Live like a native on holidays… for free!

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Pamplona’s San Fermin fiesta offers something for everyone in the family

Being a part time teacher I’ve always been interested in ways of taking advantage of the long holidays. I read about home swapping in the Irish times two years ago and really liked the advantages that this inexpensive service, lovehomeswap.com offered. We could get to live like a native for free – anywhere in the world.I set about organising our home exchange.

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Our house on a typical Irish Summer’s day

I had to send about 100 emails before I met a family who we could swap with. They were in Pamplona in Northern Spain – the town where my wife is from. We organised a non-simultaneous exchange. Although this process is almost free (it costs €60 to register with the service) it involves a lot of work. We had to take appealing photos of our house. This was not as easy as it seems. The photos’  job was to make our house look appealing to tourists. We had to de-clutter the house before photographing it. We should also have waited for a sunny day to take the outdoor shots of the house. In Ireland there aren’t many of these. I didn’t have the patience and took the shots on a rainy day. At least my guests knew what to expect from an Irish summer. 

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Our apartment (in the background) was close to many great facilities


The resulting exchange gave us many advantages over a conventional holiday. We were able to be close to my wife’s family. But not too close. We had use of the exchange family’s car which – something we usually never have when we go to Pamplona. The children had the use of their children’s
 toys. They even left us their camping equipment in case we decided to venture out into the wild. We stayed in a part of the city that we didn’t know. It was great.

Camino’s (our hostess) apartment was an example of all that is great about high density, high rise living – everything was near. Their apartment was overlooking the central plaza. There was a playground downstairs for the children surrounded by lovely bars and restaurants, wafting out the aroma of pinchos (Navarra’s answer to mini tapas), wine, and (my favourite) egg and chips. We joined the local library, a five minute walk away.

The following summer it was our turn to make our house live up to its description. Fortunately we were able to leave all of our clutter in the garage for a few weeks. We wrote detailed instructions on how to work the various things in the house. This took about a day’s work. It was a bit stressful. 

All in all the home exchange offered us many advantages over a paid holiday. It was in many ways more comfortable than staying in a hotel. But it wasn’t as convenient as booking a holiday with a travel agent.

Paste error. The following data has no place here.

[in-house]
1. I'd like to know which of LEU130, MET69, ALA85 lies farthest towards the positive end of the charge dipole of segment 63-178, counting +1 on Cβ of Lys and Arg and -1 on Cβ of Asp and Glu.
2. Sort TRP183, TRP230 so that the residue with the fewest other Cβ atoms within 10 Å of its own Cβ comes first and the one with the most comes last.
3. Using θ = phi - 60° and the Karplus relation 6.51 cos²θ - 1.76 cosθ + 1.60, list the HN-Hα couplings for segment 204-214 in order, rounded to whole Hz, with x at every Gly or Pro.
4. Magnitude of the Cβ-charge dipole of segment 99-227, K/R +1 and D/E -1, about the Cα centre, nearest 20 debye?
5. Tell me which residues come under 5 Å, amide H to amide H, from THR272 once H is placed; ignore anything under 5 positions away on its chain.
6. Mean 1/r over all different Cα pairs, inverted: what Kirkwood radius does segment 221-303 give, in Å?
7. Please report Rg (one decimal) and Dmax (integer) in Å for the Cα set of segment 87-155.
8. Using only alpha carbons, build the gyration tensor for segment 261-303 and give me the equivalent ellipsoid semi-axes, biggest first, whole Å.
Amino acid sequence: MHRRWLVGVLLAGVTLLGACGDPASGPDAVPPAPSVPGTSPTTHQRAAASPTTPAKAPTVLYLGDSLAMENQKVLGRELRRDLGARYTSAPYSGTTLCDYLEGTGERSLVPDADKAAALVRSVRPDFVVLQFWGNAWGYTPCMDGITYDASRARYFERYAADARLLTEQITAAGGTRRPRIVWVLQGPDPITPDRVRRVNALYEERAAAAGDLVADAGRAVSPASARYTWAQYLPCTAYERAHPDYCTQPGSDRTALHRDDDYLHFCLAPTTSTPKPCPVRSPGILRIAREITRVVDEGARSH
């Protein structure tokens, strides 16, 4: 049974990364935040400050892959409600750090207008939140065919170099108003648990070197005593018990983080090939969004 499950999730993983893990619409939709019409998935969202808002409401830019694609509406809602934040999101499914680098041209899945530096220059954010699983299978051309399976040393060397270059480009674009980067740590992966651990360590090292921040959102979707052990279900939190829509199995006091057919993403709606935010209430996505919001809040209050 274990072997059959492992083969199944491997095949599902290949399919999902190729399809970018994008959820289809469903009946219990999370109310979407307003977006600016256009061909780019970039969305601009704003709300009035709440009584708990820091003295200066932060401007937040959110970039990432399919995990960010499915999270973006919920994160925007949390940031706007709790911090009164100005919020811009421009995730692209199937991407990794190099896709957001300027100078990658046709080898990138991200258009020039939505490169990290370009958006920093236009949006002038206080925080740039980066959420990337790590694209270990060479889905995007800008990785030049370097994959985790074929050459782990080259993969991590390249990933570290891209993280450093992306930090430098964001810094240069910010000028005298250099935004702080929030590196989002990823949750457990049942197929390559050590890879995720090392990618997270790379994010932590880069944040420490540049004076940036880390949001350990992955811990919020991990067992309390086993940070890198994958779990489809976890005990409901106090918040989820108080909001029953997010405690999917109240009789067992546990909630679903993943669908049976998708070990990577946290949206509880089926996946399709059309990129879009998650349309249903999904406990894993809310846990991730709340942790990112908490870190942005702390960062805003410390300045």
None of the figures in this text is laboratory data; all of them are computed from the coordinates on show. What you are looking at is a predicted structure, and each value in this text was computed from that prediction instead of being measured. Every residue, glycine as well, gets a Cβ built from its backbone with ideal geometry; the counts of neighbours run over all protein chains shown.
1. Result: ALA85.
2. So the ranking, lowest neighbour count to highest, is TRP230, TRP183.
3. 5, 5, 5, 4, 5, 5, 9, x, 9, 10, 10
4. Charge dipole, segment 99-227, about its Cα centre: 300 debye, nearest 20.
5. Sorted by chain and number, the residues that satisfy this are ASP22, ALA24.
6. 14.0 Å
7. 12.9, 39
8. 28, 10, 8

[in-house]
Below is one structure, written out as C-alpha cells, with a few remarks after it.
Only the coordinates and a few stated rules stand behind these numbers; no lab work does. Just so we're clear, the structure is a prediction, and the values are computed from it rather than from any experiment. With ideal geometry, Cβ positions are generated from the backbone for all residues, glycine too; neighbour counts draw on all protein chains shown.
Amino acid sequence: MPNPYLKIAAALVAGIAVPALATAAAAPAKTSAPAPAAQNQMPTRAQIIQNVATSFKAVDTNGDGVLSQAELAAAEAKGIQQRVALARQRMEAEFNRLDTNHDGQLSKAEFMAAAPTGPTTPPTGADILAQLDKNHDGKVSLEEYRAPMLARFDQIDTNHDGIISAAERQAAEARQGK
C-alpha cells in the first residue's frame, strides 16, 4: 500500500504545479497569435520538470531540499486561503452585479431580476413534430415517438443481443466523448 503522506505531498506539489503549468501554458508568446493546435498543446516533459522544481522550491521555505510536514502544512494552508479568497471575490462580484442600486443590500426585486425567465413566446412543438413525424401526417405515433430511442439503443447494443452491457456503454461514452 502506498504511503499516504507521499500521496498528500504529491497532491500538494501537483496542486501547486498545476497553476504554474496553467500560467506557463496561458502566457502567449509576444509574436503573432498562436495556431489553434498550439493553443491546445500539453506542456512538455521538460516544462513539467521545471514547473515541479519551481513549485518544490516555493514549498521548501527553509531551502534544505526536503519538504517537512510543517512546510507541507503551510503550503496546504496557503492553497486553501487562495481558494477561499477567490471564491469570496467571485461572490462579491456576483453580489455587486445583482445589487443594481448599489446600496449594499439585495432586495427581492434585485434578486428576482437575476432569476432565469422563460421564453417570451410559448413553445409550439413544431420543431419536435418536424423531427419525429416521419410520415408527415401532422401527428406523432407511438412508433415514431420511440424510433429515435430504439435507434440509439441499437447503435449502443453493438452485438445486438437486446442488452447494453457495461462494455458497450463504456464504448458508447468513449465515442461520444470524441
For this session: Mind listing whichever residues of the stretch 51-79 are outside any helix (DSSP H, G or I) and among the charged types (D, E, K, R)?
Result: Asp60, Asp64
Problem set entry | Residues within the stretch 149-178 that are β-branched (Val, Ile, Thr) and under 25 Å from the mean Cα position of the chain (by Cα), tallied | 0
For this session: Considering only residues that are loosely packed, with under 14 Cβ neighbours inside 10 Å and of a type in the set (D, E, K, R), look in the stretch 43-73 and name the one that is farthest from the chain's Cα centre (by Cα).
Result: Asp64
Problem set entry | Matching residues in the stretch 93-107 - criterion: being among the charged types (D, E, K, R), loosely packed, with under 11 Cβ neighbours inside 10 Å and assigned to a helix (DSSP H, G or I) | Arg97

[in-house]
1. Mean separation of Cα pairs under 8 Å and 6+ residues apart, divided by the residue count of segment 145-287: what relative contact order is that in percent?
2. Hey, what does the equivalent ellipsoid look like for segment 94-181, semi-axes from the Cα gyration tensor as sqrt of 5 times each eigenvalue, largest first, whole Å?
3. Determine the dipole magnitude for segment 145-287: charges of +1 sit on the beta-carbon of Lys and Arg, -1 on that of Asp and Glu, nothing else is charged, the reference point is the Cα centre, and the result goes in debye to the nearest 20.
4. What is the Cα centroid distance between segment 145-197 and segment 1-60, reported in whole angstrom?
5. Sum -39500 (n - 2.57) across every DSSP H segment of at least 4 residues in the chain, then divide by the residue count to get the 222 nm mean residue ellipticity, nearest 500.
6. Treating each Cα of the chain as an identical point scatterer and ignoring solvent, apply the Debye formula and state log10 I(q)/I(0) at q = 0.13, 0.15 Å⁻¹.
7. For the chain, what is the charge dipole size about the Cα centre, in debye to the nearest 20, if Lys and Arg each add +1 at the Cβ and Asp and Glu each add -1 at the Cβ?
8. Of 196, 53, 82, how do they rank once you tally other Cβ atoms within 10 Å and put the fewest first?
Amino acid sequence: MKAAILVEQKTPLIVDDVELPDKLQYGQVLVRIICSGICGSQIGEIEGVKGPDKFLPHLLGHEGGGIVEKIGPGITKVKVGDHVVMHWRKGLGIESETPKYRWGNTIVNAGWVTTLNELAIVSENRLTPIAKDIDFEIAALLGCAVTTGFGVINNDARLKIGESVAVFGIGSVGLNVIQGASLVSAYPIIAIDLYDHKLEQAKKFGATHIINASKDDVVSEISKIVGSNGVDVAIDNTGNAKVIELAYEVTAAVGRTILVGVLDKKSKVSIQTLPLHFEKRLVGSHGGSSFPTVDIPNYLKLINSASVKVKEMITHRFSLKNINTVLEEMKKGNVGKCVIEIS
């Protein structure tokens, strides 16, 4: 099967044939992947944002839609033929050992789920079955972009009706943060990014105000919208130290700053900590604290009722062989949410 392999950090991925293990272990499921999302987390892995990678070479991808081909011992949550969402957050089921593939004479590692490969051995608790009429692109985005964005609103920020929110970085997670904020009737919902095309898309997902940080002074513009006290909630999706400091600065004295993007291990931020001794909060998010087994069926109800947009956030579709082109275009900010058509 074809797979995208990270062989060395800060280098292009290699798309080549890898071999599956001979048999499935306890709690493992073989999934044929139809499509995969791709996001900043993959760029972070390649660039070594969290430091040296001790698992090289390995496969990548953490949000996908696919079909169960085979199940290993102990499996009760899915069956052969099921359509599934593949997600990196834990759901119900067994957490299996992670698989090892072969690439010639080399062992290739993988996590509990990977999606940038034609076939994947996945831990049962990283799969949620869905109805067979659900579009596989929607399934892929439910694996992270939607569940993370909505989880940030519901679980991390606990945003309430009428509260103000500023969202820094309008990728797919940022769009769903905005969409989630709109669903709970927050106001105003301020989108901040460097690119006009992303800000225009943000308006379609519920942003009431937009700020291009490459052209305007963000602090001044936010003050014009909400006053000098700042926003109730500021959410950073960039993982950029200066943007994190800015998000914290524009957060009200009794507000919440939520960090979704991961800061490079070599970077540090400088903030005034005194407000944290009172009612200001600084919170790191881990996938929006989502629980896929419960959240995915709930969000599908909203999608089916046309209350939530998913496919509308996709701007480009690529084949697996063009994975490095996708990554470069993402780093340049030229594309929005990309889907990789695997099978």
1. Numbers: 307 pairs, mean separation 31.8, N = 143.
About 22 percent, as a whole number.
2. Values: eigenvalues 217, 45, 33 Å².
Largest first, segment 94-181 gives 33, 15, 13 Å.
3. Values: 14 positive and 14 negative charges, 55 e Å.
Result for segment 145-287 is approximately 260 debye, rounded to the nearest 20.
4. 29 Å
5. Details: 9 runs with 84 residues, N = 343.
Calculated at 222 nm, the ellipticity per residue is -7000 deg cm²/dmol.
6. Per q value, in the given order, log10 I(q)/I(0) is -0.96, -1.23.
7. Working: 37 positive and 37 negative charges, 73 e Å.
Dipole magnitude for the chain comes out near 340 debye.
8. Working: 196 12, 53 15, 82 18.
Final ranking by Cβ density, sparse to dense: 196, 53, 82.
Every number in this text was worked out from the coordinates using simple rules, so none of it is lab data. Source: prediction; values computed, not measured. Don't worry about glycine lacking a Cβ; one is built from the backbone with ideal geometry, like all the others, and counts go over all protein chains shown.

Please share your money saving holiday ideas with me. If you have been on a home exchange where did you go? What was your experience like?

Your dream holiday…. for free!

I woke up with a heavy heart. 6:30am was too early to be getting up when I was on holidays. I slowly came to, had a shower and breakfast and we were off. It was a half hour journey to work. It wasn’t long before my mood changed. We saw an Emu, startled by the noise of our approach, race across the road, mystical in the haze. The sky was blue, the road sides were rusty orange. And it was hot – in January. I was with my best friend, Fergus, on our way to work in the Devil’s Lair Vineyard, Margaret River in Western Australia. We were on our way from Perth to Sydney and had stopped to take in the beautiful scenery and find out what it was like to live in such a beautiful part of the world.

Morning in Margaret Vineyard

Thanks to iStockphoto.com

There were many moments like this. I got to know other back-packers, energised by the break from their normal routines and quirky locals. We chatted while we worked in the sun. The air was always full of birdsong: the cuckaburra laughing, gollas warbling.

It is one of the nicest ways to get to know a place: a working holiday. The benefits: a unique, fully paid for holiday with free exercise, healthy eating, camaraderie and perspective.

Now I’m married with children, anchored to Dublin with a mortgage and few working opportunities. Are those days gone forever? No! I’m determined not to let this hold me back.

Teaching in Jaca

Teaching in Jaca

I’m restricted in my choice of working holidays. But there are still some available. My plan for Summer 2014 is to take time off and work in Spain. This time as an English teacher in beautiful Jaca. The children will be 5 and 7. I’ll enrol them in the attached school for Spanish lessons. Its a long way off. But I need to dream. What’s your dream holiday?